The Federal Reserve on Wednesday highlighted the strength of the US economy and labor markets, a signal confirming interest rate increases are ahead, even as it held its fire for now.
Financial markets already expect an increase in the benchmark lending rate in September but the Fed's word choices are likely to solidify expectations for a fourth hike in December.
Economists scrutinize every word of the Fed's statements for clues about the next move, so the changes could be significant, especially coming amid low unemployment, hefty monthly job gains and surging growth in the second quarter.
The signal the Fed will continue its gradual rate increases is unlikely to please President Donald Trump, who publicly chastised the central bank last month, saying policy was undercutting his efforts to juice the economy.
The central bank's policy committee said "economic activity has been rising at a strong rate," since the last meeting in June as the job market continues to strengthen.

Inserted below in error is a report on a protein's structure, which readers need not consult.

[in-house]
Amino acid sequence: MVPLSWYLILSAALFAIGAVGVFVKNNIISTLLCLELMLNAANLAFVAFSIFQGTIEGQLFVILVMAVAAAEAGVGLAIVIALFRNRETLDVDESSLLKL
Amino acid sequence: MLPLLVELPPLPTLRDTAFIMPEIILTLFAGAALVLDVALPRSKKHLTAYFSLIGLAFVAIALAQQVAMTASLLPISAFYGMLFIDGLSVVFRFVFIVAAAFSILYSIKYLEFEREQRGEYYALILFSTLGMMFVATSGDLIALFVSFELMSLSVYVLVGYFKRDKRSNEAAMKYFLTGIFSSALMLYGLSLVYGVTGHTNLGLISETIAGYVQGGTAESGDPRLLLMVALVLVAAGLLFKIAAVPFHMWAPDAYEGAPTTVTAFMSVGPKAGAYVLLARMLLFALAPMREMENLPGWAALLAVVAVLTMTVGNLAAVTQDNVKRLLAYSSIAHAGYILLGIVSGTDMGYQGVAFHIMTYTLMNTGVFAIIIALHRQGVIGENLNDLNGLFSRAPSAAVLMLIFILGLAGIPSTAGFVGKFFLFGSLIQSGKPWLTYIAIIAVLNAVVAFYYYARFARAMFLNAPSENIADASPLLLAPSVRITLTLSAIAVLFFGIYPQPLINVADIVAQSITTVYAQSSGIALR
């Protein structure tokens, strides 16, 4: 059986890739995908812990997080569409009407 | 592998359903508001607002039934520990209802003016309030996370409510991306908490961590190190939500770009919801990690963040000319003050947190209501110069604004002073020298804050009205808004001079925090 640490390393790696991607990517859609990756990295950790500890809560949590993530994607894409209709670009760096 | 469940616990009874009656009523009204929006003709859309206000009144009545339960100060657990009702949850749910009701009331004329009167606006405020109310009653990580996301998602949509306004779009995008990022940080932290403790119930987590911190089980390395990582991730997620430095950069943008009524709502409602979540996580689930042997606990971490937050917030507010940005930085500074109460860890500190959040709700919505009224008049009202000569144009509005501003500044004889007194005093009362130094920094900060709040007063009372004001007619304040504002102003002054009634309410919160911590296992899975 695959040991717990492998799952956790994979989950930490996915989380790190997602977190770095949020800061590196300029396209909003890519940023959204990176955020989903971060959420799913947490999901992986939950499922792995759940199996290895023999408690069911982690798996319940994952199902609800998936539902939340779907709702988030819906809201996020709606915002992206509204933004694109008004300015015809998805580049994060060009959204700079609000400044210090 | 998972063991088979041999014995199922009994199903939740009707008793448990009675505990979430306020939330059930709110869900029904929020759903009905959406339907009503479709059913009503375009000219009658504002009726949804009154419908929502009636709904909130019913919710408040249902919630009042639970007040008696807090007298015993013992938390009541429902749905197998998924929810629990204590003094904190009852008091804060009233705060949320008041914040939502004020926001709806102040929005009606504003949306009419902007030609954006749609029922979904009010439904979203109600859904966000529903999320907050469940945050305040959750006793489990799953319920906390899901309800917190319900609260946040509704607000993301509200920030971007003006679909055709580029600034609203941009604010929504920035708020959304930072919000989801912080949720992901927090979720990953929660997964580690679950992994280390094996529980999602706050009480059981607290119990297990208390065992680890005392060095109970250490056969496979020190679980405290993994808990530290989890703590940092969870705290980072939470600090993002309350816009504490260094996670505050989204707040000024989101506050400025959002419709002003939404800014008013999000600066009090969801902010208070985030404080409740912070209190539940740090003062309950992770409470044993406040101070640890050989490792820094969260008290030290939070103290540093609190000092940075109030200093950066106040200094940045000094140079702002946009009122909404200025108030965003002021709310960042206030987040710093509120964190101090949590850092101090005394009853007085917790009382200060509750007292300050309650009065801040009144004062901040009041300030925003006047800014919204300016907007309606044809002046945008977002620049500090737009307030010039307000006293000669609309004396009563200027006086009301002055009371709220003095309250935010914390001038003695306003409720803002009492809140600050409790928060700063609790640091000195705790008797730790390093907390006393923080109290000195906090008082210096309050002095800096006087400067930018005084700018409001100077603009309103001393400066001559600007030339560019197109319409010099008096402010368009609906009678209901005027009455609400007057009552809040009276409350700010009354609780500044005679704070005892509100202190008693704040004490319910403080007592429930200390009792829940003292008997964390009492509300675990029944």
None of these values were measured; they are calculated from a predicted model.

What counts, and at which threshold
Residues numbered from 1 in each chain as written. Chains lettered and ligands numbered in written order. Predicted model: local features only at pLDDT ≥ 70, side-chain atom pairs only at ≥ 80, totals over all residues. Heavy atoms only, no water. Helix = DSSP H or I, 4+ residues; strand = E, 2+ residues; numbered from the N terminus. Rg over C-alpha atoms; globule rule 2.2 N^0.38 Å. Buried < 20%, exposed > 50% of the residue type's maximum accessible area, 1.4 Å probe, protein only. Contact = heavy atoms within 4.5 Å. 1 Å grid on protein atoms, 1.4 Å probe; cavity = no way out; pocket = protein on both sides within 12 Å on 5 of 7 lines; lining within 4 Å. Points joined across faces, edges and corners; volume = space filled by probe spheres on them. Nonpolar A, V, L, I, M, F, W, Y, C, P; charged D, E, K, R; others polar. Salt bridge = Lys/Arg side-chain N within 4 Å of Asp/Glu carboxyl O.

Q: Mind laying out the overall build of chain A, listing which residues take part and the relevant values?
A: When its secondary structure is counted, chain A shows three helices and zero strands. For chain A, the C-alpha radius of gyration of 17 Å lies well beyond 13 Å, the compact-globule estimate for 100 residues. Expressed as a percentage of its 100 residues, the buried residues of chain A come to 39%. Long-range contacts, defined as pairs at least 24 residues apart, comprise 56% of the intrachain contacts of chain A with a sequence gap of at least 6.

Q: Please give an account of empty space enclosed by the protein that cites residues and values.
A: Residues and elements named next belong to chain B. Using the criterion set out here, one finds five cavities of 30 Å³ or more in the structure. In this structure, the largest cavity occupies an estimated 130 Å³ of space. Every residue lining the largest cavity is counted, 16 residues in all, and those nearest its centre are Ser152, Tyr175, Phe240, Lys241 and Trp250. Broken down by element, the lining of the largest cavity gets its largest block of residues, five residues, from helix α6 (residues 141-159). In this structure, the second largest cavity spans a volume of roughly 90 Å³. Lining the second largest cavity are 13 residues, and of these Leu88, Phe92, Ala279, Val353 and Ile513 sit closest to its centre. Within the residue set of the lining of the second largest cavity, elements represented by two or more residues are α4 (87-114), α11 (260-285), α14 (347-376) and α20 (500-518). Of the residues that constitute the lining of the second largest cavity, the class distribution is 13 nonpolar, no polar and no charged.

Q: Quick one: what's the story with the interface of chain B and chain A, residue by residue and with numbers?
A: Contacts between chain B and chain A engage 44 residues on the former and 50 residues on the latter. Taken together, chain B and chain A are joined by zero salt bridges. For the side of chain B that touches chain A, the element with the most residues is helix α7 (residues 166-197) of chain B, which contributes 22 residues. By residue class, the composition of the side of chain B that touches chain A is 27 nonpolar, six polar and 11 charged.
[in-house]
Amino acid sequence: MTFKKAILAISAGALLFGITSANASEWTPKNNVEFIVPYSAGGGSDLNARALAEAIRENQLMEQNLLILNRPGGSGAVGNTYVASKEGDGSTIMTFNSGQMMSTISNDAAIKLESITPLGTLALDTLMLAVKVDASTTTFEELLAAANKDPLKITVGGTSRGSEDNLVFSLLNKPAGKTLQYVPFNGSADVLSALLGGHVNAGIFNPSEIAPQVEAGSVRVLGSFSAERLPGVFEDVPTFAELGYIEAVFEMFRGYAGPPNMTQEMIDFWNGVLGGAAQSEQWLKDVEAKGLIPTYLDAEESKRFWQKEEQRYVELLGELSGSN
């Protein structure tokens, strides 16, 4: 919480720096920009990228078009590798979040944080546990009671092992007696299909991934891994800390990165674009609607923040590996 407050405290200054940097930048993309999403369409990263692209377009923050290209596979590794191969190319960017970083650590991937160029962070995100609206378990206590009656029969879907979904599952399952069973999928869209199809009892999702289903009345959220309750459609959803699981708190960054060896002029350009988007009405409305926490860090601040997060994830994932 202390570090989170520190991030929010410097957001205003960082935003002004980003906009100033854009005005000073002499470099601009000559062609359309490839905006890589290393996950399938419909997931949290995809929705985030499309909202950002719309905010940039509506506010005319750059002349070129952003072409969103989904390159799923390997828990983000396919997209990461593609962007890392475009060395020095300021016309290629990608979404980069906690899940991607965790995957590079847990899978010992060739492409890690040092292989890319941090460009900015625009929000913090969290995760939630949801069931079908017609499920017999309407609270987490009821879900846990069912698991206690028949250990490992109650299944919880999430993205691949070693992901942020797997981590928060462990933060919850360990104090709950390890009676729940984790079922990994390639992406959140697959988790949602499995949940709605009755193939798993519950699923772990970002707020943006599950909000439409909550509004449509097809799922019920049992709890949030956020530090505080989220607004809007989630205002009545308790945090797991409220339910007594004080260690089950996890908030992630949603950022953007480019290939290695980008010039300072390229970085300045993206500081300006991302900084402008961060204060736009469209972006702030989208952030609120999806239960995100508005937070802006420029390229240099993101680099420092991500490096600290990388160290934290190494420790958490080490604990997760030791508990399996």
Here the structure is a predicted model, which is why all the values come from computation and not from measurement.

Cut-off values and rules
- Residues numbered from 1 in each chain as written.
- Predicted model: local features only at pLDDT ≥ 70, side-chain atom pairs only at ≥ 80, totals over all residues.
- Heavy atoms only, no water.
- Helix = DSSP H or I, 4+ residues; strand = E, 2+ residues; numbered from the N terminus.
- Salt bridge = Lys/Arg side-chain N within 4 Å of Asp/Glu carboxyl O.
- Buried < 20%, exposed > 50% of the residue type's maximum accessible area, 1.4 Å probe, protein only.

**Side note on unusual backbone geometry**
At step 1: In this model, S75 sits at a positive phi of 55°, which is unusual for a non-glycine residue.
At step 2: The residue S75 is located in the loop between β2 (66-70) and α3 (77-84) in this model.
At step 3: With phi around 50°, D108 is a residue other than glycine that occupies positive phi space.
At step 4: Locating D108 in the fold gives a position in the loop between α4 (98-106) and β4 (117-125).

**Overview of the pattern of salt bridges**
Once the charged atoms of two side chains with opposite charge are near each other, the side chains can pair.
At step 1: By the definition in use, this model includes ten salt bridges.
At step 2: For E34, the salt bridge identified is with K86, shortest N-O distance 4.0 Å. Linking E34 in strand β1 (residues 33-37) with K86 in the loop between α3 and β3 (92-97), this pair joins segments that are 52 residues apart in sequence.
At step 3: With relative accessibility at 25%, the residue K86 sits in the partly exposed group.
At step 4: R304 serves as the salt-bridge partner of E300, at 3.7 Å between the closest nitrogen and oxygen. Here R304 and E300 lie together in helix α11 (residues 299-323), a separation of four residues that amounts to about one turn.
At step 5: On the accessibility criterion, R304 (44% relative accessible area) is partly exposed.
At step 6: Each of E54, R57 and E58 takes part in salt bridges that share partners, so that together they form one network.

In the statement in June, the committee described the economy as growing at a "solid rate." The statement also noted household spending had "grown strongly," while it last described things as having "picked up."
The Fed once again said it expected to continue "further gradual increases" in the overnight lending rate it charges to banks.
That will remove stimulus from the economy but is consistent with continued economic growth and job gains while keeping inflation near the Fed's two percent target over the medium term, the statement said.
"If you had any doubts about a rate hike in September, you can put those to bed," economist Joel Naroff said in a note.
And, he said, "Given the Fed's evaluation of current and future growth, rate hikes are likely in September, December and possibly as many as four more next year, unless the economy decelerates sharply."
RDQ Economics said the upgrade to the Fed's language given strong economic data recently, but said it did not change the outlook for the central bank.